Anyone care to help out a newbie?

This is a discussion on Anyone care to help out a newbie? within the C++ Programming forums, part of the General Programming Boards category; object orientated, classes, copy constructors, polymorphism, etc im going to type all this out and explain what i know, plz ...

  1. #1
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    Anyone care to help out a newbie?

    object orientated, classes, copy constructors, polymorphism, etc

    im going to type all this out and explain what i know, plz chime in to correct me or to explain in a different way or in more detail as im still not sure about it all.

    Code:
        class CLocation
        {
        	public:
        		double x;
        		double y;
        };



    Code:
        class CInvader
        {
        	// Other code
        	CInvader(CLocation position);
        	// Other code
        };


    Code:
        CInvader::CInvader(CLocation position)
        {
        	// Other code
        	this->x = position.x;
        	this->y = position.y;
        };

    then later we can write
    Code:
    CPosition pos;
    pos.x=200;
    pos.y=400;
    CInvader anInvader(pos);

    problem with the constructor is it can get get called when you imply that you want it

    e.g

    Code:
    void Attack(CInvader inv)
    {
    // Blah blah
    }
    
    // Somewhere in rest of program
    CPosition invader1pos;
    invader1pos.x = 200;
    invader1pos.y = 300;
    CInvader invader1(invader1pos);
    // and later…
    Attack(invader1pos); // Typo
    I am trying to attack an invader using the Attack(CInvader inv) function, but I have mis-typed.
    invader1pos belongs to the CPosition class, but it can still be sent to the function, the compiler simply casts the paramater type to the class type.

    in this case a CPosition was sent in error instead of a CInvader but was able to create 1 by casting. problem is the new CInvader runs out of scope sooner than a copy of the object would (not sure i get that bit, is it local within the attack function?)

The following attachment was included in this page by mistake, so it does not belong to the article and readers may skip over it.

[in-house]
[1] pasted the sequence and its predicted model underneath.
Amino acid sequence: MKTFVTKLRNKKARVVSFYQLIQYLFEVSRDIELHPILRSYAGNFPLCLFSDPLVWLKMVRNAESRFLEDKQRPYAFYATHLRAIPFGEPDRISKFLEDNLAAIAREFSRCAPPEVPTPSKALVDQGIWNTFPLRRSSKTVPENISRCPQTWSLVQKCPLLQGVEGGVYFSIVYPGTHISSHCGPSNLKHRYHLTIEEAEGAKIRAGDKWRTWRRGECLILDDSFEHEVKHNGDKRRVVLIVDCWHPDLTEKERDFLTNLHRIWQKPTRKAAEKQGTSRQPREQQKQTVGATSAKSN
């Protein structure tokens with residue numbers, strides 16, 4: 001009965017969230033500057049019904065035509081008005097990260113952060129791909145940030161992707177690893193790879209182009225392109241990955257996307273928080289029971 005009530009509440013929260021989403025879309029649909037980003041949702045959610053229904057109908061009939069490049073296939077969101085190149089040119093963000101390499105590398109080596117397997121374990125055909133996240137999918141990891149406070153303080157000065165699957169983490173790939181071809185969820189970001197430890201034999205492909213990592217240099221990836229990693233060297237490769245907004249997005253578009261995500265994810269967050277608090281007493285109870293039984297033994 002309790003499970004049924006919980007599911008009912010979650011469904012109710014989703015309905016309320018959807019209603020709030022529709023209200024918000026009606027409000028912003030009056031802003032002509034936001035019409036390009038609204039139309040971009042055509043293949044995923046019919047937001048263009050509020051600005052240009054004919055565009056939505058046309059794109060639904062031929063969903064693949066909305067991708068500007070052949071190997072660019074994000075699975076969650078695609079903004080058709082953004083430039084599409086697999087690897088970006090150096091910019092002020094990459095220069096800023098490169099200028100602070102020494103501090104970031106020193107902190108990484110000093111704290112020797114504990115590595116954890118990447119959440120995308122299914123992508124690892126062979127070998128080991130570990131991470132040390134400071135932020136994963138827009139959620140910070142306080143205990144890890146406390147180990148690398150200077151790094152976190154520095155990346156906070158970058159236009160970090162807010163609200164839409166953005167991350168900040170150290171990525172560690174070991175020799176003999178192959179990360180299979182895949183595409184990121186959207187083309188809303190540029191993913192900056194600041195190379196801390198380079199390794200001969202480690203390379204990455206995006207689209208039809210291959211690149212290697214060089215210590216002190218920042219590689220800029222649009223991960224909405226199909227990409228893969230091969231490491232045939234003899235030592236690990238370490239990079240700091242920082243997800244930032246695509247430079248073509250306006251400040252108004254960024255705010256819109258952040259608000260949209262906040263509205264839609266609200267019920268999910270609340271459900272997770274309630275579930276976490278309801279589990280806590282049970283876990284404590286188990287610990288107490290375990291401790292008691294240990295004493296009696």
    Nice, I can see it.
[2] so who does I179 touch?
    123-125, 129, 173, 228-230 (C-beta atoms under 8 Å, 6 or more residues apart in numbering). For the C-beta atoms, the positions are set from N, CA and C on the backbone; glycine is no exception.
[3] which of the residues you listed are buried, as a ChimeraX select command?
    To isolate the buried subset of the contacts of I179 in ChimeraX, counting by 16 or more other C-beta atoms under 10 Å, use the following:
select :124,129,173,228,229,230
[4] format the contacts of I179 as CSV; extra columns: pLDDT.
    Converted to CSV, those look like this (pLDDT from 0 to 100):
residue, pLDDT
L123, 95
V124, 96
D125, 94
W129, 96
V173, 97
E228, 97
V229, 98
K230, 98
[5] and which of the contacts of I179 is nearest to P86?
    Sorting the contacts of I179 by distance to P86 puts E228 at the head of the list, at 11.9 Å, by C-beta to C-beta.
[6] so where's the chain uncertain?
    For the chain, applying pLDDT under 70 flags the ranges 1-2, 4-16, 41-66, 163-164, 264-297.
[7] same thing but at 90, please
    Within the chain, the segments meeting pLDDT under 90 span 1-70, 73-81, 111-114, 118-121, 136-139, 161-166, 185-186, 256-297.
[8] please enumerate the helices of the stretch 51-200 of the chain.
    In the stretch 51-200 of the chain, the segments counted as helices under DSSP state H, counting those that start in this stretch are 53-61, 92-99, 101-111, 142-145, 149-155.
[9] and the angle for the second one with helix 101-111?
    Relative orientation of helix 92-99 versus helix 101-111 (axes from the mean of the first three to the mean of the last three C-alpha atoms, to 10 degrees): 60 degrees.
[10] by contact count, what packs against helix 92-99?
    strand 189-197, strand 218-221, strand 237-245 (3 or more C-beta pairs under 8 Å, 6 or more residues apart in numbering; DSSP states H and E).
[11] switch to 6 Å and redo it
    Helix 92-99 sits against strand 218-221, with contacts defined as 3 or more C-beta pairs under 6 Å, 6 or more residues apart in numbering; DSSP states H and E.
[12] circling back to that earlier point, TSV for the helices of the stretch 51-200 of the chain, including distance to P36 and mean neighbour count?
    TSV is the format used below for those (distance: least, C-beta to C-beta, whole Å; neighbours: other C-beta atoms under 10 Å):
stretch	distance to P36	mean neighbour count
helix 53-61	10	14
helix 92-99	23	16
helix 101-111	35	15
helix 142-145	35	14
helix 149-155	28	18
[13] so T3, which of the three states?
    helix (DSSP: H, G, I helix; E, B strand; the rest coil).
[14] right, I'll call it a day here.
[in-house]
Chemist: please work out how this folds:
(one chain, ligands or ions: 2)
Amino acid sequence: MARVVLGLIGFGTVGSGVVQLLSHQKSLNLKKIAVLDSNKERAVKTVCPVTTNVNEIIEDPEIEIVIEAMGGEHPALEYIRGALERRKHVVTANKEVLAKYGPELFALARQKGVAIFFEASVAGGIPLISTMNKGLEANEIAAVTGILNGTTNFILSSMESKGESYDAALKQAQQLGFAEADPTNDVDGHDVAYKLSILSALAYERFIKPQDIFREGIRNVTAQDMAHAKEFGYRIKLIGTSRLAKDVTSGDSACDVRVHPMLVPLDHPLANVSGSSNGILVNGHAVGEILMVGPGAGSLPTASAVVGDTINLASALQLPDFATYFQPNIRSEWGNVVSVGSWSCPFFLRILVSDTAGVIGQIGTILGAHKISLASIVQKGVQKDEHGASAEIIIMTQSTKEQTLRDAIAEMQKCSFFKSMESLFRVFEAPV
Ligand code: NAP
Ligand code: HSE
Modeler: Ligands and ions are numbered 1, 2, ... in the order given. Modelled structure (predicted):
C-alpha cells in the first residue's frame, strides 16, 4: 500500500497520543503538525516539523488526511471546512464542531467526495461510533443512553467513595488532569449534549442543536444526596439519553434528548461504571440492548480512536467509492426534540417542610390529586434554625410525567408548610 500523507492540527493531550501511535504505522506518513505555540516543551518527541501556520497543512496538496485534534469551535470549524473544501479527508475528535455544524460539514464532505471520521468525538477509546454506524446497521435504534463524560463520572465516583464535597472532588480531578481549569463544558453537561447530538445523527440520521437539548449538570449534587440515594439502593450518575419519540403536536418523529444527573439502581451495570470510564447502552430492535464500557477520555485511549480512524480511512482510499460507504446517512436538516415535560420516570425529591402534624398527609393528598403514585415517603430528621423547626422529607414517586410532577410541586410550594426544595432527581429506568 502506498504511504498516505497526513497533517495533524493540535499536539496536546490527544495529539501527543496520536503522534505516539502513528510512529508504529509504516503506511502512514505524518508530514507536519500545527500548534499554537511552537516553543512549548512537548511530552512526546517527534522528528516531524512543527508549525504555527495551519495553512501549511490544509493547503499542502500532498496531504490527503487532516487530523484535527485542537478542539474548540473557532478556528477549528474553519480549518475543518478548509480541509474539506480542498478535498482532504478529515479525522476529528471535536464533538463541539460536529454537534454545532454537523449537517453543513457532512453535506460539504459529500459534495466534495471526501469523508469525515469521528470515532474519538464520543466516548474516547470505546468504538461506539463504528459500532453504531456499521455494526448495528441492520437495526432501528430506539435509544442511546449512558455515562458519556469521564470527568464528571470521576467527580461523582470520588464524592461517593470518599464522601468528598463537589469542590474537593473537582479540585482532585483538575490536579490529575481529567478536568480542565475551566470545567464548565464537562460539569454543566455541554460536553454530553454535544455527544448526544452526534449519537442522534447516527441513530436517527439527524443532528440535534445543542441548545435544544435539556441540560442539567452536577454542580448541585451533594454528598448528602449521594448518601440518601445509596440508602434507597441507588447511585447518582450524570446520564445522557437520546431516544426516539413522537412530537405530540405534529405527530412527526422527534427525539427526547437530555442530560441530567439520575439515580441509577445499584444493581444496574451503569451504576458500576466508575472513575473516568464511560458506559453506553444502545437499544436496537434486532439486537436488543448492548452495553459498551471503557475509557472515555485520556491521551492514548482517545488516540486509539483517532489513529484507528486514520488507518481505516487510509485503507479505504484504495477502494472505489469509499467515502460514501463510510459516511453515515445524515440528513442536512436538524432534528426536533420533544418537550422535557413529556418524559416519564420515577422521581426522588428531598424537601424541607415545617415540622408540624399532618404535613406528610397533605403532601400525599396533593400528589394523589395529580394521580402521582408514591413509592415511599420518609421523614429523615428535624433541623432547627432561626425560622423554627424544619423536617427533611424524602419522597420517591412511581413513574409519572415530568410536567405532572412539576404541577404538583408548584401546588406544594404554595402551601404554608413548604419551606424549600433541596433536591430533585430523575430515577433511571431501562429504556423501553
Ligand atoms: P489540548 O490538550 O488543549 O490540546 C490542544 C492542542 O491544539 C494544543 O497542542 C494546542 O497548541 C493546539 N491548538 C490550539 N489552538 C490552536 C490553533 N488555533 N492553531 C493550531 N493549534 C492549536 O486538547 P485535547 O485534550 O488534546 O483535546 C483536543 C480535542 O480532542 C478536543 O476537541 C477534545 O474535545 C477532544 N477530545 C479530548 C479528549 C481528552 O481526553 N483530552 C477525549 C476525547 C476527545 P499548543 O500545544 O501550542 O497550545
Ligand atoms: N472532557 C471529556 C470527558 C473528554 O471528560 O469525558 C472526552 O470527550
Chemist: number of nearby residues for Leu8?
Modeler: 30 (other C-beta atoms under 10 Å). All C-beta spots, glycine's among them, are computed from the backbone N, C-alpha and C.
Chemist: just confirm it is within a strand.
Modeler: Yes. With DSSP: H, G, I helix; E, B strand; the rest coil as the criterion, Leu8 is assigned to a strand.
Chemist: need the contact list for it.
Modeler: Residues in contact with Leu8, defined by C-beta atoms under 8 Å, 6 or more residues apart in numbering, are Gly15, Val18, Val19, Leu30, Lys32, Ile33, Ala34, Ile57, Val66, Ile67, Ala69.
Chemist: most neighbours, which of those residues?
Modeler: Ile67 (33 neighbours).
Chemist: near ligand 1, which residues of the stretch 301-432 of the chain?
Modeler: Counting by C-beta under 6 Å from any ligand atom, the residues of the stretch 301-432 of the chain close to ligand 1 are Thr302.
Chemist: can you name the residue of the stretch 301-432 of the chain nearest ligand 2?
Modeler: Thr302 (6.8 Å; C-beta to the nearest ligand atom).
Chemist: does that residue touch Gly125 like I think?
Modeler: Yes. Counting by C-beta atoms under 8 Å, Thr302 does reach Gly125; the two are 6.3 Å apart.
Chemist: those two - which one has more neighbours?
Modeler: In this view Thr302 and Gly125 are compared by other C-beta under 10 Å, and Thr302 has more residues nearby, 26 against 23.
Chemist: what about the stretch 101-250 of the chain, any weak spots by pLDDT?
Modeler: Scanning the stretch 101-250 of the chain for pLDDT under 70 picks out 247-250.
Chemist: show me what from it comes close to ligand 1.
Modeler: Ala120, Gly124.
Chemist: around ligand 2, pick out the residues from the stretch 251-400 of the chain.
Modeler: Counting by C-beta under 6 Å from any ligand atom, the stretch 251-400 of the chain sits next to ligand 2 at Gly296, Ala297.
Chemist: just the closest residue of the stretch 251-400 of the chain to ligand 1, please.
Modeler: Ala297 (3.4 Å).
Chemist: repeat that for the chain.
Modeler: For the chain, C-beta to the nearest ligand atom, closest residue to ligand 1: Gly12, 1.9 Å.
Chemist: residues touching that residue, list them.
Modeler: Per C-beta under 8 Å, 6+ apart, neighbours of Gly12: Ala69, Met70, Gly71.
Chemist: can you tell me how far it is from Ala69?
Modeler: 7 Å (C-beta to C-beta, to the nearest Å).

Edit: I apologise for not fully using code tags first time...
    Last edited by televisual; 10-02-2008 at 01:11 PM.

  2. #2
    C++ Witch laserlight's Avatar
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    To prevent this implicit casting, use the keyword explicit, e.g.,
    Code:
        class CInvader
        {
        	// Other code
        	explicit CInvader(CLocation position);
        	// Other code
        };
    By the way, you should be passing objects by (const) reference instead of by value, unless you really want to make a copy.
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  3. #3
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    Smile

    Thank you lazerlight...

  4. #4
    The larch
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    By the way, you are half-way there:

    Code:
        CInvader::CInvader(CLocation position)
        {
        	// Other code
        	this->x = position.x;
        	this->y = position.y;
        };
    There probably isn't much reason why CInvader should have two double members, if it could have just one CLocation member, resulting in this (and quite possibly shortening code elsewhere too):

    Code:
        CInvader::CInvader(CLocation position)
        {
        	// Other code